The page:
By Dr. Kaye Whitehead

Do you know who you are? This is a question that has kept me up at night for the past 13 years. When my son was six, his predominantly White school did a play about Thanksgiving. They sang songs about Columbus’s greatness, the gratitude of the Native Americans, and the surprising discovery and taming of America. As I sat there watching my son participate in an ongoing narrative based and rooted in lies and the erasure of Indigenous people, I experienced a moment of cognitive dissonance. I became acutely aware that my son was the only Black boy on that stage.

I probably should have pulled him from the school, instead, I told myself that it was not the 1950s and that he was not Ruby Bridges or Little Rock Nine. I told myself that we did not live in Alabama or Mississippi, nor did he have to walk through crowds of angry White people to get into the school. Despite what my civil rights activist father had taught me, I believed that equality and justice had arrived. I remember sitting there, clapping and feeling like a fraud. I looked around at the other moms who were wiping tears of joy while breathlessly commenting on how our children were brilliant and talented. During the reception, one of the White moms told her son that their family line traced back to the Mayflower and that when they got home, she would show him the family tree, so that he could know who he was. As I rolled my eyes and began to pack my bags to leave, my son turned to ask me if our family had come on the Mayflower, too. He was sincere and wanted to know our family’s history. Standing at that school, in the middle of the Founder’s Library, drinking tea and eating finger sandwiches, I did not know how to tell him that I did not know.

Dr. Kaye Whitehead (Courtesy Photo)

I did not know how to say that slavery and Whiteness had stolen almost everything from us, especially our names and historical legacy. I did not know how to properly articulate that our people were considered property and were typically listed by gender and not name. I did not know how to tell him that we were the descendants of enslaved people, and that play, where he had spent days practicing and learning the songs and his lines, was a deliberate and intentional erasure and denial of us. I could not say that our people had been enslaved in South Carolina, the first state to secede from the Union, a place where Black bodies were bridges of entitlement for White families to stand on. I could not say any of this, so I said that we came from people who chose to survive. 

I want to say that I woke up at that moment and committed myself to challenge the lies and speak the truth, but that is not what happened. I spent the next few years trying to negotiate Whiteness while sending my sons into the belly of the beast of Whiteness every day. It took some time before I could admit that America is rooted in White supremacy and nationalism and then to commit myself to dismantling it. I realized that sending my sons to predominantly White schools and then not working to bring in more families of color helped perpetuate inequality. I was so focused on my sons’ success that I had become an opportunity hoarder, supporting a system that purposely miseducated so many of our children. I failed my son that day by not telling him the truth, but I became determined not to fail the children of my children. I became committed to researching our stories and reclaiming our names.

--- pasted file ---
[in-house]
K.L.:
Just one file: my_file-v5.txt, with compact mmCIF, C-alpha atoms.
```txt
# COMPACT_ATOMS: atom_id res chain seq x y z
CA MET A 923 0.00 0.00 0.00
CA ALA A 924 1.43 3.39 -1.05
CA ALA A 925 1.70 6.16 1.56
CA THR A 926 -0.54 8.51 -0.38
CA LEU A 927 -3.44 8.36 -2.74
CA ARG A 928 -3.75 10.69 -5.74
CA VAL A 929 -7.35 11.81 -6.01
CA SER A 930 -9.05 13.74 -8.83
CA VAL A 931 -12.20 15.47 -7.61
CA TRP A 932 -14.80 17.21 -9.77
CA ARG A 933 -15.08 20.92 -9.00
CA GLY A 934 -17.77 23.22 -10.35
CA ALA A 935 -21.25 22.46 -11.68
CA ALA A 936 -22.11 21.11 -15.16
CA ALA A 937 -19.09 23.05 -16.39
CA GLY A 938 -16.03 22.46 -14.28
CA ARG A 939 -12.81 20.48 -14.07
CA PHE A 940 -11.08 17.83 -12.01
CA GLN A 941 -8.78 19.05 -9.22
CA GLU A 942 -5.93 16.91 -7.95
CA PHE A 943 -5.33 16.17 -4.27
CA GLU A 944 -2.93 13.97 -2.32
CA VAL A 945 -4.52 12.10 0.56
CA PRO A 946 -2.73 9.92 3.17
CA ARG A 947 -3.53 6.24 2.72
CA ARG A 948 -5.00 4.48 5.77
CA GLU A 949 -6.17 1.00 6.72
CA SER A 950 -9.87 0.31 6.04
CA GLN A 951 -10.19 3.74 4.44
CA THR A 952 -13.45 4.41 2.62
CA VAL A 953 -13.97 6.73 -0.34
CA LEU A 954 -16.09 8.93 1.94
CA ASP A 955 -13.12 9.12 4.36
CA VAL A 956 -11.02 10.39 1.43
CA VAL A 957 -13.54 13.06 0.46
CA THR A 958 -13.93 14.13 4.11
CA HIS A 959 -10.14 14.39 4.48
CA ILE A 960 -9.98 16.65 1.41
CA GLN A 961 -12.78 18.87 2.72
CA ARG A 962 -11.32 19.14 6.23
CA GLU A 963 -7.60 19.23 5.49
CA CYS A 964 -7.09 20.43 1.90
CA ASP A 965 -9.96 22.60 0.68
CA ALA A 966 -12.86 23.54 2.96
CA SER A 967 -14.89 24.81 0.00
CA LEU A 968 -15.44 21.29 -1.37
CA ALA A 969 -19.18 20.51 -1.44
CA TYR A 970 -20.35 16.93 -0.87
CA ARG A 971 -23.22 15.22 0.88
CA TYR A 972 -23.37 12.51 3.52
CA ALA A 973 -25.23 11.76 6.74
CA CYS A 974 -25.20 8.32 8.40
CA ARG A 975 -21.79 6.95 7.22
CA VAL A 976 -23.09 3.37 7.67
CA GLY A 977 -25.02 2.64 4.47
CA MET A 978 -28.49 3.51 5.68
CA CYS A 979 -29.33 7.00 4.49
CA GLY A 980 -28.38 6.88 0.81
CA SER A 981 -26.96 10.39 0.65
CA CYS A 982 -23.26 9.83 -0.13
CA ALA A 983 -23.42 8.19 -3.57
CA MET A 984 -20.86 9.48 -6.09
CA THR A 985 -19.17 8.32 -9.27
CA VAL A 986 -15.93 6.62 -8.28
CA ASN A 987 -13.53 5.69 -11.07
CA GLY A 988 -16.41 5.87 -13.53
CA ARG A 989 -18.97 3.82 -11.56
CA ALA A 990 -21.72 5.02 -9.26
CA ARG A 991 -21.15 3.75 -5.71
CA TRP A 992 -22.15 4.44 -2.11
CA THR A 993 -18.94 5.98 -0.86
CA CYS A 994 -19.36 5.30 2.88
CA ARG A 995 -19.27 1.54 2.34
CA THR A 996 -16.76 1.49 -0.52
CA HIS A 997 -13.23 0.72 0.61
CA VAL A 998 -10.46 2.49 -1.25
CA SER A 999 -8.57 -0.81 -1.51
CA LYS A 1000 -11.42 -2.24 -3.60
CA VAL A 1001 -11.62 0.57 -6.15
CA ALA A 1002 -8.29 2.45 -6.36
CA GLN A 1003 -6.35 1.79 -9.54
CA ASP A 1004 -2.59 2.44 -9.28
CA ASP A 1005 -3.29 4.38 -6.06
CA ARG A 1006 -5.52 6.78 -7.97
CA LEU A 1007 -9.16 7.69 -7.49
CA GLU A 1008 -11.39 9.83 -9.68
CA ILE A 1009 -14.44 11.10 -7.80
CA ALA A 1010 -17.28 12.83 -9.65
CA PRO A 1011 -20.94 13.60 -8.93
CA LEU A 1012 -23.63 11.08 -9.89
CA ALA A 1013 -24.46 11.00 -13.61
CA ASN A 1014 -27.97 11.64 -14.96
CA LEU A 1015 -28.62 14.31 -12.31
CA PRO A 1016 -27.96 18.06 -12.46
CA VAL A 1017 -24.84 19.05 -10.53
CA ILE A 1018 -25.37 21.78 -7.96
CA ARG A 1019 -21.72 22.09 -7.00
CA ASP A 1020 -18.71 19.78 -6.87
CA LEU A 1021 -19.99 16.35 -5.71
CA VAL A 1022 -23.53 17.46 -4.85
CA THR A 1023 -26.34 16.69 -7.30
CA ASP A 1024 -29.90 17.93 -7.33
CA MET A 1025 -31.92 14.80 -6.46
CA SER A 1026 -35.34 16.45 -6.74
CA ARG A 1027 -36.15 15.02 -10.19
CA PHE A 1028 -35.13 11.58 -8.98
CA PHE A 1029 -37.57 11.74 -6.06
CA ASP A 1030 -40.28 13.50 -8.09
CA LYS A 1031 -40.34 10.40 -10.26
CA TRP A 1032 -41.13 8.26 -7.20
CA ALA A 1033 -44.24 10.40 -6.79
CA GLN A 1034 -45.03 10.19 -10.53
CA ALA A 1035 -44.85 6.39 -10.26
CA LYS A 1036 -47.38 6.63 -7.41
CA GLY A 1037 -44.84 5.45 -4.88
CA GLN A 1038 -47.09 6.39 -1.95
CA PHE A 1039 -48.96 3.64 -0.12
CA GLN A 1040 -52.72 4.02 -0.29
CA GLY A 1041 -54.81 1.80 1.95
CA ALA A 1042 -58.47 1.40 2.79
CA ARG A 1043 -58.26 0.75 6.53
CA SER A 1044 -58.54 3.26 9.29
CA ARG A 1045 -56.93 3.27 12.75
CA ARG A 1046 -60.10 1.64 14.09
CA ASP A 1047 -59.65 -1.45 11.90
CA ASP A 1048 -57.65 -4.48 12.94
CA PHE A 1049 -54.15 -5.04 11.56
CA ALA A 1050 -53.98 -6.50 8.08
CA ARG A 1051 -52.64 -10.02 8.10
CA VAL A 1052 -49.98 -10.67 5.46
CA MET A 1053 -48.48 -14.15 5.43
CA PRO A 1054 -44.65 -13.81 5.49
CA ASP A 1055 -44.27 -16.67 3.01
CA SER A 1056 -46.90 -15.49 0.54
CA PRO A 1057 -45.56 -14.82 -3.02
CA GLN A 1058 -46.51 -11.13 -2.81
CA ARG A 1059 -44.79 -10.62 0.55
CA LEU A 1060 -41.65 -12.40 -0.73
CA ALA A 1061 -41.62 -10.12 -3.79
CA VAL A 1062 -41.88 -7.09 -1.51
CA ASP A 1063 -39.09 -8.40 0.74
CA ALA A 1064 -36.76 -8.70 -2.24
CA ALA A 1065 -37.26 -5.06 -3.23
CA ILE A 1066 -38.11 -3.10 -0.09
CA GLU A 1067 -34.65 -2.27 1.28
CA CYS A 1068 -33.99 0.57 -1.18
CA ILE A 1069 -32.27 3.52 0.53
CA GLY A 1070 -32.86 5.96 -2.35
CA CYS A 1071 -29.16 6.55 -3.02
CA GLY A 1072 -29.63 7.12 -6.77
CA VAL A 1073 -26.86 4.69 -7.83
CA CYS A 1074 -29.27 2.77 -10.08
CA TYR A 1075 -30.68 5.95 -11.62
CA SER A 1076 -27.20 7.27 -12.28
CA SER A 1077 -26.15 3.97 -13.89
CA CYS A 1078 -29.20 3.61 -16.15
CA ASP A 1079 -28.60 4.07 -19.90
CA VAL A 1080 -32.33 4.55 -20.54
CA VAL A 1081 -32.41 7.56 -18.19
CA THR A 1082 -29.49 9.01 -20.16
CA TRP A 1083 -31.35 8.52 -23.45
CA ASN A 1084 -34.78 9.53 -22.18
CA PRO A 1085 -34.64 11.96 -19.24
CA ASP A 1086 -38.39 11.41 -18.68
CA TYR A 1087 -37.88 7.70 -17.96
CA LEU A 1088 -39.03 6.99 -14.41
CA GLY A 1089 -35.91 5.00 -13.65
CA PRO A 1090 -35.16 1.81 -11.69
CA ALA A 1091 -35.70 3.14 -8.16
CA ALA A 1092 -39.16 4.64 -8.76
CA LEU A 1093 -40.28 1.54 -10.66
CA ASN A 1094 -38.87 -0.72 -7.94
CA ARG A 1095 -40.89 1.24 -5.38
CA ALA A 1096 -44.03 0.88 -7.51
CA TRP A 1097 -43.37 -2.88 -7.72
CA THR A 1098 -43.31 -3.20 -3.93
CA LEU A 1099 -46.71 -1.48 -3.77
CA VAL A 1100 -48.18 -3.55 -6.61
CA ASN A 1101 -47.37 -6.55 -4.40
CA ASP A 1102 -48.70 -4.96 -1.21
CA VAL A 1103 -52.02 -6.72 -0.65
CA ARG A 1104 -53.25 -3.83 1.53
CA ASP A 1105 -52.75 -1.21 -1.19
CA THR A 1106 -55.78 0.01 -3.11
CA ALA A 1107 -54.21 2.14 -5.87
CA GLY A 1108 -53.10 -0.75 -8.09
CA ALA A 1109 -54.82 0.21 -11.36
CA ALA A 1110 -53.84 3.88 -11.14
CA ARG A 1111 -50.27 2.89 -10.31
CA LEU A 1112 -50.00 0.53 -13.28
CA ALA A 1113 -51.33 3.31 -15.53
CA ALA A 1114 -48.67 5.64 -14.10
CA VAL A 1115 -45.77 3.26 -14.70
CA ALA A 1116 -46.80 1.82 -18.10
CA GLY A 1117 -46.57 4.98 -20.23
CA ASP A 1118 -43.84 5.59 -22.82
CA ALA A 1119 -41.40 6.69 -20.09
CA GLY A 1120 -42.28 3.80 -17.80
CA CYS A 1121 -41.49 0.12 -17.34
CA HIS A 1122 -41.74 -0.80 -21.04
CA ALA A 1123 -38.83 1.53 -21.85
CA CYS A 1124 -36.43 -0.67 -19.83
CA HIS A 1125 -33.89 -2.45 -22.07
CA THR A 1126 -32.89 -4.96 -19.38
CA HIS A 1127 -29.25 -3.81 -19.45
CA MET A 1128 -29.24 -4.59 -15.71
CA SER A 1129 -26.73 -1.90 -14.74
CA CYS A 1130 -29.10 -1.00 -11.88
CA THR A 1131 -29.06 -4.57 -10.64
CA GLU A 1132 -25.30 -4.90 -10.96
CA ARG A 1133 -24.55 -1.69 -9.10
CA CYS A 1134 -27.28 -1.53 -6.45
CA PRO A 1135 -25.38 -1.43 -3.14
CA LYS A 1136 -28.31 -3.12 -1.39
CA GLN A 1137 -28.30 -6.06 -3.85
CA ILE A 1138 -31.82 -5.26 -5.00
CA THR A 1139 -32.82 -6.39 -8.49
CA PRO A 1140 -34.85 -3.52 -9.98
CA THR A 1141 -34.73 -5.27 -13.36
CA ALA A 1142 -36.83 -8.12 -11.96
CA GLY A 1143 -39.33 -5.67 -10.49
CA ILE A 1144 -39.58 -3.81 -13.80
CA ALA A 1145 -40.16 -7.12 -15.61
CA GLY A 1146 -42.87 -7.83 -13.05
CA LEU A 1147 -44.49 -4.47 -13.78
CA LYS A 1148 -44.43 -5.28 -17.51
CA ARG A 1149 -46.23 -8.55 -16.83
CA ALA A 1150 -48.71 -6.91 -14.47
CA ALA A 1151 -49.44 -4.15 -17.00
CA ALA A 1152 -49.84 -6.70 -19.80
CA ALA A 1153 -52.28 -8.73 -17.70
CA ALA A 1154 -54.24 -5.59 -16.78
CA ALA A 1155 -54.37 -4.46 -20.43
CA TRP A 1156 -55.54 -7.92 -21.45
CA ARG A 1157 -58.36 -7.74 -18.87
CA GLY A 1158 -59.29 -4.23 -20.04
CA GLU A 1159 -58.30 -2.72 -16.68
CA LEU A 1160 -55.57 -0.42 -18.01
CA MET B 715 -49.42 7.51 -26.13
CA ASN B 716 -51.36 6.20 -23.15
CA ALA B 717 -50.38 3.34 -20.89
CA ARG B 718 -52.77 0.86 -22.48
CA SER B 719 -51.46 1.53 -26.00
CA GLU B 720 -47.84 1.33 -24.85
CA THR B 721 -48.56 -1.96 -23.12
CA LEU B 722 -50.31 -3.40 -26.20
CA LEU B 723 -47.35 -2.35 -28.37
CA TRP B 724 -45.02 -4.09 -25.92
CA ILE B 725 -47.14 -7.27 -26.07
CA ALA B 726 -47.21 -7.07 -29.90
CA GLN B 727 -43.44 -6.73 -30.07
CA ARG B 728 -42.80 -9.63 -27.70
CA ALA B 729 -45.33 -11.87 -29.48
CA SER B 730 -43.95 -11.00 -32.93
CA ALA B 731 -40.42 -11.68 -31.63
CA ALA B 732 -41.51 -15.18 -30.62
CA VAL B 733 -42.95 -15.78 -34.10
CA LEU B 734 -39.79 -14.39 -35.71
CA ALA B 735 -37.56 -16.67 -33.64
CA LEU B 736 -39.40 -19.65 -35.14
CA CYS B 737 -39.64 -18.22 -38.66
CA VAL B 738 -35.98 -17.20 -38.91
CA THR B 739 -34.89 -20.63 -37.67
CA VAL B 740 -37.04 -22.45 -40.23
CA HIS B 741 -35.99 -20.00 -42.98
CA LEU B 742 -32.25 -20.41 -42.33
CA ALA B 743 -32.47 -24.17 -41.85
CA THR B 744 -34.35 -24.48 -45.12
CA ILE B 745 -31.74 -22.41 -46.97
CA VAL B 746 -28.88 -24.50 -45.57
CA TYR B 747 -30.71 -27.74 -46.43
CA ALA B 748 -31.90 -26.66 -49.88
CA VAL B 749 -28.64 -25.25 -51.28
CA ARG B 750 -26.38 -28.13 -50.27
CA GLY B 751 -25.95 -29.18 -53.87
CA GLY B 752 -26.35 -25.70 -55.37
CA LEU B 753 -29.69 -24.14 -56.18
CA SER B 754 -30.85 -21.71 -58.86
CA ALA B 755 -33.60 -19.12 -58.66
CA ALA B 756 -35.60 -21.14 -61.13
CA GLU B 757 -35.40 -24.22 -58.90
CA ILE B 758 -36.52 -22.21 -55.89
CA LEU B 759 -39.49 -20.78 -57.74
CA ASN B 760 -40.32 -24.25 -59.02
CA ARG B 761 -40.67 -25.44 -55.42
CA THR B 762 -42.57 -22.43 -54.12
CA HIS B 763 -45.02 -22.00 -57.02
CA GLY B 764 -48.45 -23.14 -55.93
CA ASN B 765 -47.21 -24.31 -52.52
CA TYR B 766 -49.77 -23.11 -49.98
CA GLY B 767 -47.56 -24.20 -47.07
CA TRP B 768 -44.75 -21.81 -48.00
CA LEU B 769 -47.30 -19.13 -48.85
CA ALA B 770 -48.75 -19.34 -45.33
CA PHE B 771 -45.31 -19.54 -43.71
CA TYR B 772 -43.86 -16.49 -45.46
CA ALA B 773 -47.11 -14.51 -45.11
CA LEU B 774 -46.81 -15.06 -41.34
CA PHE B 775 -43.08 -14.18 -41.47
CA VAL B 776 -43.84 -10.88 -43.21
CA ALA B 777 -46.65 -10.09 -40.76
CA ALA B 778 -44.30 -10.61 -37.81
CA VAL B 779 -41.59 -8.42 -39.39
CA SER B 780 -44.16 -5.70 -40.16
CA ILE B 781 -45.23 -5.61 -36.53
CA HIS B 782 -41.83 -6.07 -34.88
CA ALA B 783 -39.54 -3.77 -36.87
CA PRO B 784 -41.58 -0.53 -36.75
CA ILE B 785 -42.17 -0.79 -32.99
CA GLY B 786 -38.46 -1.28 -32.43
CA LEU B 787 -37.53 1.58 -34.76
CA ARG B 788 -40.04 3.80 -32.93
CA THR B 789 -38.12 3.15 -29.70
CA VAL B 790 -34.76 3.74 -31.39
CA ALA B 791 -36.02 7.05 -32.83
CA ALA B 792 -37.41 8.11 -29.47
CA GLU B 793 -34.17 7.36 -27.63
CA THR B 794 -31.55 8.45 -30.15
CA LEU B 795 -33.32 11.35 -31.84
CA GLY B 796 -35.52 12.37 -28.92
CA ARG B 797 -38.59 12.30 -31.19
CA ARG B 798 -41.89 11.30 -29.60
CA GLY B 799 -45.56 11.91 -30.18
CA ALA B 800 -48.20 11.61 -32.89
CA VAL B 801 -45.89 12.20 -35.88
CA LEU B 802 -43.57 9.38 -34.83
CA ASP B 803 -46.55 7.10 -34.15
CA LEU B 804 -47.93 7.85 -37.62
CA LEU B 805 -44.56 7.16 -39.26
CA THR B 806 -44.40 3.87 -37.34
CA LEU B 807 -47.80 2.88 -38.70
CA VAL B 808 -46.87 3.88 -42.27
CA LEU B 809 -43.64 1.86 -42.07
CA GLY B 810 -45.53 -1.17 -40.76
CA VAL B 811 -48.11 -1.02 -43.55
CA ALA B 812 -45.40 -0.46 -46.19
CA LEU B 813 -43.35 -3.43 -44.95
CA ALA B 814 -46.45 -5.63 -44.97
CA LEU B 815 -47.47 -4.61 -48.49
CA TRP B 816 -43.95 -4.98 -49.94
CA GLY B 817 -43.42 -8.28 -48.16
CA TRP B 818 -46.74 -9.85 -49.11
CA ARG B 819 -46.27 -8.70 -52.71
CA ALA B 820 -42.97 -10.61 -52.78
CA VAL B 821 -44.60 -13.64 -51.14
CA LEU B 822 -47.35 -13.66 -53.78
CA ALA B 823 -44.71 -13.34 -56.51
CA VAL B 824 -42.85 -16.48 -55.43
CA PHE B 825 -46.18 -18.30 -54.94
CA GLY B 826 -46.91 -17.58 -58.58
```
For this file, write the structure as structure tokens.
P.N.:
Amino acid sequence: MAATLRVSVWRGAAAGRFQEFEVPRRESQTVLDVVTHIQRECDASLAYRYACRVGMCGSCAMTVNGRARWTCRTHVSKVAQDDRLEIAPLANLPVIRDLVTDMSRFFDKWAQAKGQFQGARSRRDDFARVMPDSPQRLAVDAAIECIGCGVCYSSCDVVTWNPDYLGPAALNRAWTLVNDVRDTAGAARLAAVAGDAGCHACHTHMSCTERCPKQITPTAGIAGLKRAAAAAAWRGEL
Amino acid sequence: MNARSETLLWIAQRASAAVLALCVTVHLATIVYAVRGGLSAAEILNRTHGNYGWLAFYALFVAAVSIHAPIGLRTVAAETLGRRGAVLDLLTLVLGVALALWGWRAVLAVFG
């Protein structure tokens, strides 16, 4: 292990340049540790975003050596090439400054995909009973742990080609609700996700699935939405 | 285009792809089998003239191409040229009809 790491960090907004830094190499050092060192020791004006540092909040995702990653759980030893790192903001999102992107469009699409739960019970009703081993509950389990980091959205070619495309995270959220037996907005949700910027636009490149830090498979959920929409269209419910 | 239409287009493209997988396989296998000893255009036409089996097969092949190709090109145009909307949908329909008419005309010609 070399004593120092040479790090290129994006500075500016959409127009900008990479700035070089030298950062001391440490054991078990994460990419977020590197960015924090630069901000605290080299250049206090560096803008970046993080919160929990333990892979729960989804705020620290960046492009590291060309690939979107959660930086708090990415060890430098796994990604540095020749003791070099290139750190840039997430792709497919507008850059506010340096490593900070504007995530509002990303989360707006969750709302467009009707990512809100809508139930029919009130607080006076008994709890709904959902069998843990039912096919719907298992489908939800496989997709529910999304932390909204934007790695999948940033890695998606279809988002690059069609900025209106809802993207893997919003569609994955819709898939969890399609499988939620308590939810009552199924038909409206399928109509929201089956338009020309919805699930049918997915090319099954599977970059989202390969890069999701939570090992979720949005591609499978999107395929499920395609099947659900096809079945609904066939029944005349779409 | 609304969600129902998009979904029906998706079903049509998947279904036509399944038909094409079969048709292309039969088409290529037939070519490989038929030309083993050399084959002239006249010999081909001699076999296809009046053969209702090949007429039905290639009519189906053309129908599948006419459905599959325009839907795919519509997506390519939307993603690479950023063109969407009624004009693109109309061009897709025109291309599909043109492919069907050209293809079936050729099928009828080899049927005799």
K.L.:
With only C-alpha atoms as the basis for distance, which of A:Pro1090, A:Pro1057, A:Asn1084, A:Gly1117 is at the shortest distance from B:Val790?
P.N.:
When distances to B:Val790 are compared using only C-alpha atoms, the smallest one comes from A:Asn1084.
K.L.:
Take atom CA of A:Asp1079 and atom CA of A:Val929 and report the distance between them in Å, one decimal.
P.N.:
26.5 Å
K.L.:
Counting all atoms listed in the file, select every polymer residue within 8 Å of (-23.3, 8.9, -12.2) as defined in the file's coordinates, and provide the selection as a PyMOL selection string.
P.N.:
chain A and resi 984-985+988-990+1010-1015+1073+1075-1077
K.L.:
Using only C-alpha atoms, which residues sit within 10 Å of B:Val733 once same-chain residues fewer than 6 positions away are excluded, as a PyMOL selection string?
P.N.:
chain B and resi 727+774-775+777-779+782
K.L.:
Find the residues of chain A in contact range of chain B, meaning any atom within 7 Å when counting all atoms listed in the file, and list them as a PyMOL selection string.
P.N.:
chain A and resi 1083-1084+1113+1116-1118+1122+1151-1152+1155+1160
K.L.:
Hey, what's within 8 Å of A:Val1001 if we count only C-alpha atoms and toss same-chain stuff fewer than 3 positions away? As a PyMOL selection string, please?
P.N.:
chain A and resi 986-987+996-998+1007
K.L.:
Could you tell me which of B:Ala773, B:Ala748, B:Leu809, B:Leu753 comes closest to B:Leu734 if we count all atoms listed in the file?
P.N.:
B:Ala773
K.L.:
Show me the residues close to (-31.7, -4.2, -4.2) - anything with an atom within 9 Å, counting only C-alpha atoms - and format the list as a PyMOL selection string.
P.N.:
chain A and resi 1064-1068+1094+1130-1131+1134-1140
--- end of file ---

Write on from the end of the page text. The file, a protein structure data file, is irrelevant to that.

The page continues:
It took 13 years of research and working with our family’s unofficial genealogists before I could sit down with my sons and tell them that I know who they are, and I know who I am. I showed them our family tree and then said, This is your grandmother’s line: this is who you are. You are the sons of Karsonya and Johnnie and the grandsons of Bonnie Ruth Nix and Carson Eugene Wise Sr. The great-grandson of Dorothy Mae Best Griffith and James Bamberg; the 2nd-great-grandson of Lumisher Best and Hugo Griffith; and, the 3rd-great-grandson of Bannah Dora and Moses Best. You are the 4th-great-grandnephew of Fannie Robinson and Sammy Dickerson, which is the last generation of our family to be born enslaved. You are the 5th-great-grandson of Moses Roberson; and, the 6th-great-grandson of Mary and Zed Roberson. They were speechless when I finished saying their names because they understood the significance of this moment. They know that slavery and Whiteness tried to erase us. They know that the policies, practices, and laws of that time were meant to discard us, dehumanize us, break us, consume and control us. They were designed to bury us and to own us forever. But our family, our ancestors, chose to survive. I started researching our history based on a question from my six-year-old son, and I am grateful that at 19 years old, he finally received his answer. 

Do you know who you are? For Black people, this is a question that we must answer, not for ourselves but our children. They must understand that our ancestors were more than property, more than bridges, they were survivors, and they chose to survive for us.  

Karsonya Wise Whitehead (; Twitter: @kayewhitehead) is the #Blackmommyactivist and an associate professor of communication and African and African American studies at Loyola University Maryland. Recently selected by The Daily Record as One of Maryland’s Top 100 Women, she is the award-winning host of “Today With Dr. Kaye” on WEAA 88.9 FM. She lives in Baltimore City with her husband and their two sons. 

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